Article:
The idea that food can have not only zero calories, but contain negative calories, is attractive for not only fat loss, but healthy eating in general. It would be amazing if it were true! Like many such claims, the concept of negative calories contains a kernel of truth. A kernel may be all that is needed for many people to buy into such claims, but we will have to take a deeper dive into the science to understand if negative calories are real. First, what are negative calories?
What are Negative Calories?
Negative calories are based on the idea that there are some foods that, by virtue of their composition, require more energy to chew and digest than they actually impart to the body, thus giving “negative calories” and helping to lose fat. Basically, you are burning calories by eating the food, so if you eat a lot of it, you’ll lose weight! In a nutshell, negative calorie foods are foods that burn more calories than they contain. These are foods like celery, cabbage, lettuce, cucumbers, etc.
A Kernel of Truth?
The idea of negative calories is based on what is called the thermic effect of food (TEF). Of course, when someone comes up with a term like that, someone else always has to one-up them so there are other names for it like diet-induced thermogenesis (DIT), specific dynamic effect (SDE) of food, and specific dynamic activity (SDA) of food. You’ll understand if I stick to thermic effect or “TEF” for short.
TEF is one of the three categories that total energy expenditure (TEE) is broken down into. The other two are your resting energy expenditure(REE) and your physical activity. You may also have heard the terms “basal energy expenditure” (BEE) or “basal metabolism rate” (BMR). See the section I added below for further explanation. For now, know that resting energy expenditure typically accounts for about 50 to 70 percent of TEE. Physical activity accounts for about 20 percent. That leaves just around 10 percent for the TEF. 1Dunford, Marie, and J. Andrew Doyle. Nutrition for Sport and Exercise. Belmont, CA: Thomson Wadsworth, 2008,2Coulston, Ann M., Cheryl Rock, and Elaine R. Monsen. Nutrition in the Prevention and Treatment of Disease. San Diego, CA: Academic, 2001 In clinical settings, TEF is not measured but rather estimated based on the equation:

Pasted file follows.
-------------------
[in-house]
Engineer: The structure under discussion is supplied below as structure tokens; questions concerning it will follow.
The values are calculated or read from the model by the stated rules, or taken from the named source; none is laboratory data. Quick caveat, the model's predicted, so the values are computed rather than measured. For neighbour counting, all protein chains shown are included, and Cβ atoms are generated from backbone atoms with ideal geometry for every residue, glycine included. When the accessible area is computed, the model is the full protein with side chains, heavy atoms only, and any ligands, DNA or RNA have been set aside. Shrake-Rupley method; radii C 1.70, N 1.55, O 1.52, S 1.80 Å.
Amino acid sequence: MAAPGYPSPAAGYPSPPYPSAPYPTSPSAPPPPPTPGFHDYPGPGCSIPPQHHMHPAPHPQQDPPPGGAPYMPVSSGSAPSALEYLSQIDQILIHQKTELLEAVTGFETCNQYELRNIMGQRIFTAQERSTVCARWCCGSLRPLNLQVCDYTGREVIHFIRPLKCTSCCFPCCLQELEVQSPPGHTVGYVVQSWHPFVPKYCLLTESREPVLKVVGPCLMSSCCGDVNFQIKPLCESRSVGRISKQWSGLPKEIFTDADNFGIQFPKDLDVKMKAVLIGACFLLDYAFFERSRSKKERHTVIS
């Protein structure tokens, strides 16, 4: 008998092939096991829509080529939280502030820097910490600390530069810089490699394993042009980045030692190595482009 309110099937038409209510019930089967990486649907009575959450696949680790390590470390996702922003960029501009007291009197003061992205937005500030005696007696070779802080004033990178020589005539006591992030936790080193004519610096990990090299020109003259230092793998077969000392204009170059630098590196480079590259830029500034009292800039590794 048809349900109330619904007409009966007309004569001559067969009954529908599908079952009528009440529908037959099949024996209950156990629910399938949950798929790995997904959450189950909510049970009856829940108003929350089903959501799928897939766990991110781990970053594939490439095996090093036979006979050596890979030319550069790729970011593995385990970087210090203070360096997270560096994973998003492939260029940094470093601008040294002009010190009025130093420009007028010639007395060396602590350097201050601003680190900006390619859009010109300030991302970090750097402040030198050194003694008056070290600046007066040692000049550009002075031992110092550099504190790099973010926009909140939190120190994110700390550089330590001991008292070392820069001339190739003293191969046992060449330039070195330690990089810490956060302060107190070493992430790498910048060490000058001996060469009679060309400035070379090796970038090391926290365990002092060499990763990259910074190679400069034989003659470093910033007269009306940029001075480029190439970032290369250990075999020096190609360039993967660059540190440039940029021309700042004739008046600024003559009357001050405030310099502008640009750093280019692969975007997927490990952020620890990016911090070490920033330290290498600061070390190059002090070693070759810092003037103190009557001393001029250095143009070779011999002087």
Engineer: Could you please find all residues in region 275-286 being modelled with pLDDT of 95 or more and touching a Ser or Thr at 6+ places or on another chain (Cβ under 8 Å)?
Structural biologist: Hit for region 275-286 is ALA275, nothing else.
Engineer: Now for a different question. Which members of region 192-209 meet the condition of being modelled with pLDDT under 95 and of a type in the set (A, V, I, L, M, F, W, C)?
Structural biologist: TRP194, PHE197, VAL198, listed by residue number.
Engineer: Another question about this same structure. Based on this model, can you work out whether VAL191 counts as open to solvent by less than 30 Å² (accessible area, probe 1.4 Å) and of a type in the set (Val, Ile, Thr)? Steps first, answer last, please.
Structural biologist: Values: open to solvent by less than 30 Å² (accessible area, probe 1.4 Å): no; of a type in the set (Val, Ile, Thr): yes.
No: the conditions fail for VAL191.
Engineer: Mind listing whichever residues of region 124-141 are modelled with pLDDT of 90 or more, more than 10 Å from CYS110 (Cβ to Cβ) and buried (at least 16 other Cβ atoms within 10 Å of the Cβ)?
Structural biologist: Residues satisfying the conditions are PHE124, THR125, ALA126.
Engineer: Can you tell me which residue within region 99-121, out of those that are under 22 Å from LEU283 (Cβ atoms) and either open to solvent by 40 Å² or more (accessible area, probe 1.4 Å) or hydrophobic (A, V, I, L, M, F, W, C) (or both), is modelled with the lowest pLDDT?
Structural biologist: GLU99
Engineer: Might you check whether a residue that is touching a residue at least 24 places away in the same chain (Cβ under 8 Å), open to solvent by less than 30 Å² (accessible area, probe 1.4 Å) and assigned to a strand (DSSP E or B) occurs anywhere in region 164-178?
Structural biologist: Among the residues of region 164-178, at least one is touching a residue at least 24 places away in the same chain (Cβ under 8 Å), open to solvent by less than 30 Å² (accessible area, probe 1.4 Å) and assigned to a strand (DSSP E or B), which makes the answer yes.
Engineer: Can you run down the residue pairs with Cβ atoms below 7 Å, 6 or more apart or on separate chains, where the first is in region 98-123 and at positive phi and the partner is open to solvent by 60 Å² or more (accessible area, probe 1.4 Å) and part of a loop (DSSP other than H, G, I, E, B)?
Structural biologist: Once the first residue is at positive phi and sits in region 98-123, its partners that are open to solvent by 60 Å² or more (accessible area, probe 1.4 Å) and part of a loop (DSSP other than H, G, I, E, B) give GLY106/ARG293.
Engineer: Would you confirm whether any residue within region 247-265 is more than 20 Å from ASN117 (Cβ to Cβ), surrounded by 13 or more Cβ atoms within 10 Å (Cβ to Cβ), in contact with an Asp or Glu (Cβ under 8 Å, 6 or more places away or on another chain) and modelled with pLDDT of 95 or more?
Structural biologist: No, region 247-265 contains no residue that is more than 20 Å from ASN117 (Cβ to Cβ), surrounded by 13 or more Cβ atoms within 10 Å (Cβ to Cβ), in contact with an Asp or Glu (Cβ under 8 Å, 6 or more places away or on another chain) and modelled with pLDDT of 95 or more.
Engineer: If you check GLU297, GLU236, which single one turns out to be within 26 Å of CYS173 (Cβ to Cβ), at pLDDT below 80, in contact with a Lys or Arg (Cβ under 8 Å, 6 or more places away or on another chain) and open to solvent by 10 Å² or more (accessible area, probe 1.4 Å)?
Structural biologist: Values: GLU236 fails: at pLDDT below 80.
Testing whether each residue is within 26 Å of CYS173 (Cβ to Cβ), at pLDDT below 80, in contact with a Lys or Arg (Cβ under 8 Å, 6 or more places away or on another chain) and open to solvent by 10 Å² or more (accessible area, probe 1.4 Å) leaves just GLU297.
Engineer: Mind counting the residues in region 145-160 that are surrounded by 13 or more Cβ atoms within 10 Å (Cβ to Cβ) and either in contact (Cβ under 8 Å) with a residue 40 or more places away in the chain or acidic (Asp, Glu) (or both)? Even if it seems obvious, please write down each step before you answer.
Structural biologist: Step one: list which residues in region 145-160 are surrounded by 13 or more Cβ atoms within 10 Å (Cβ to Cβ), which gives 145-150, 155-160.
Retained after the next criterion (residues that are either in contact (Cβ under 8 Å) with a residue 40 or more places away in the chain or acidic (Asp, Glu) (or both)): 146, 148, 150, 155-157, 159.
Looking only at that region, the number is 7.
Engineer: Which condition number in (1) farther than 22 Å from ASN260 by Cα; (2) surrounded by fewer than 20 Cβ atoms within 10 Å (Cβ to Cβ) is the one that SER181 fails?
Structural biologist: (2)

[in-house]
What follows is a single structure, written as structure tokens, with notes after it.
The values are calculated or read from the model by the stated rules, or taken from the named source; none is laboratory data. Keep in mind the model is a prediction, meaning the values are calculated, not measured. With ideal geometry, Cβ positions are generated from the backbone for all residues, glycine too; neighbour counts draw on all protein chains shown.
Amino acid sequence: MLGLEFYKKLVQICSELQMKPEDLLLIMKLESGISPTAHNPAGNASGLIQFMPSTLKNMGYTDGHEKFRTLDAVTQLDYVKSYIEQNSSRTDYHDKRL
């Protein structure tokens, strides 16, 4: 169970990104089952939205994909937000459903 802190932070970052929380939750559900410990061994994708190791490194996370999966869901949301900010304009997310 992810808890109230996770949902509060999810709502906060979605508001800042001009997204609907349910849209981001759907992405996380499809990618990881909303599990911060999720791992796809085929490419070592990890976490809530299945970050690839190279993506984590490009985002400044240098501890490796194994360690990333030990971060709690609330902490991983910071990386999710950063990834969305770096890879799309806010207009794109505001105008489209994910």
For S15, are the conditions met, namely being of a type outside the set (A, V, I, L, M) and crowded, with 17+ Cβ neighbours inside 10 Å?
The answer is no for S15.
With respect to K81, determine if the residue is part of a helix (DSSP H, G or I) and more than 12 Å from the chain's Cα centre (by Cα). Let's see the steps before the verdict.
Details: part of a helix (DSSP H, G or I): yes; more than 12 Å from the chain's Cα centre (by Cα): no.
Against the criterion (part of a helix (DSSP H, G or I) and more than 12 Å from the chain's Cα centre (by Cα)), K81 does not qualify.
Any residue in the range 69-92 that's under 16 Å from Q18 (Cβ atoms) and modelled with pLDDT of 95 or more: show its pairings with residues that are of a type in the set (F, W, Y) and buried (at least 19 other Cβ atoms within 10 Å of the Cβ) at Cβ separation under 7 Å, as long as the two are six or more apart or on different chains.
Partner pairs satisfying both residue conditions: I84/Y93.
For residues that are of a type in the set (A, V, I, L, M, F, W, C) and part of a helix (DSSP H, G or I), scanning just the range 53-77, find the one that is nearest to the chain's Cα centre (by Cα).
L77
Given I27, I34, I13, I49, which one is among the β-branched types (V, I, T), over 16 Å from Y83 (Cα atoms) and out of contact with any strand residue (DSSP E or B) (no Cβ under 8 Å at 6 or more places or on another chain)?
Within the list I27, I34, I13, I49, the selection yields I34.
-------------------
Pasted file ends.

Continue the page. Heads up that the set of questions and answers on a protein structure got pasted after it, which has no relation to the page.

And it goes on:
TEE = (REE + EEPA) x 1.10
Again, TEE is total energy expenditure, REE is resting energy expenditure and EEPA is the energy expended in physical activity, which includes both voluntary activities, such as exercise and activities of daily living, and the energy expended in non-exercise activity thermogenesis, or NEAT. And the factor of 1.10 accounts for the TEF. 3Coulston, Ann M., Cheryl Rock, and Elaine R. Monsen. Nutrition in the Prevention and Treatment of Disease. San Diego, CA: Academic, 2001
The TEF is the energy required to process the food you eat. It takes some energy to chew it, digest it, transport it, absorb it, metabolize its nutrients, and to store some nutrients. You chew food. That takes a bit of energy. The muscles in your GI tract speed up their contractions, so that takes some energy. Digestive juices and enzymes are secreted, and that takes some energy as well. 4Whitney, Eleanor Noss., and Sharon Rady. Rolfes. Understanding Nutrition. Minneapolis/St. Paul: West Pub., 1993. All this produces heat, thus a “thermic effect”. To produce heat is to expend calories.
The thermic effect of food actually has another component. The energy required to process the food, as I’ve described above, is called obligatory thermogenesis. The other component is facultative thermogenesis. This is the excess energy expended above the obligatory thermogenesis due to metabolic inefficiency. 5 Coulston, Ann M., Cheryl Rock, and Elaine R. Monsen. Nutrition in the Prevention and Treatment of Disease. San Diego, CA: Academic, 2001
So how much energy are we talking about, for the thermic effect? Well, it’s easily overestimated. Or even underestimated. That’s the problem. We can only estimate it in the first place and the errors involved in that estimate are likely so large that they offset any small contribution to calories burned. As you can see, it is simply assumed to be 10% and only the resting and physical energy requirements are measured actively. The composition of the diet greatly affects the TEF. The TEF is greater with carbohydrate and protein ingestion than for fat, protein being the greatest. It should be noted that this energy cost is probably more related to the cost of storage than to the cost of processing and absorption, although there are probably other components as well.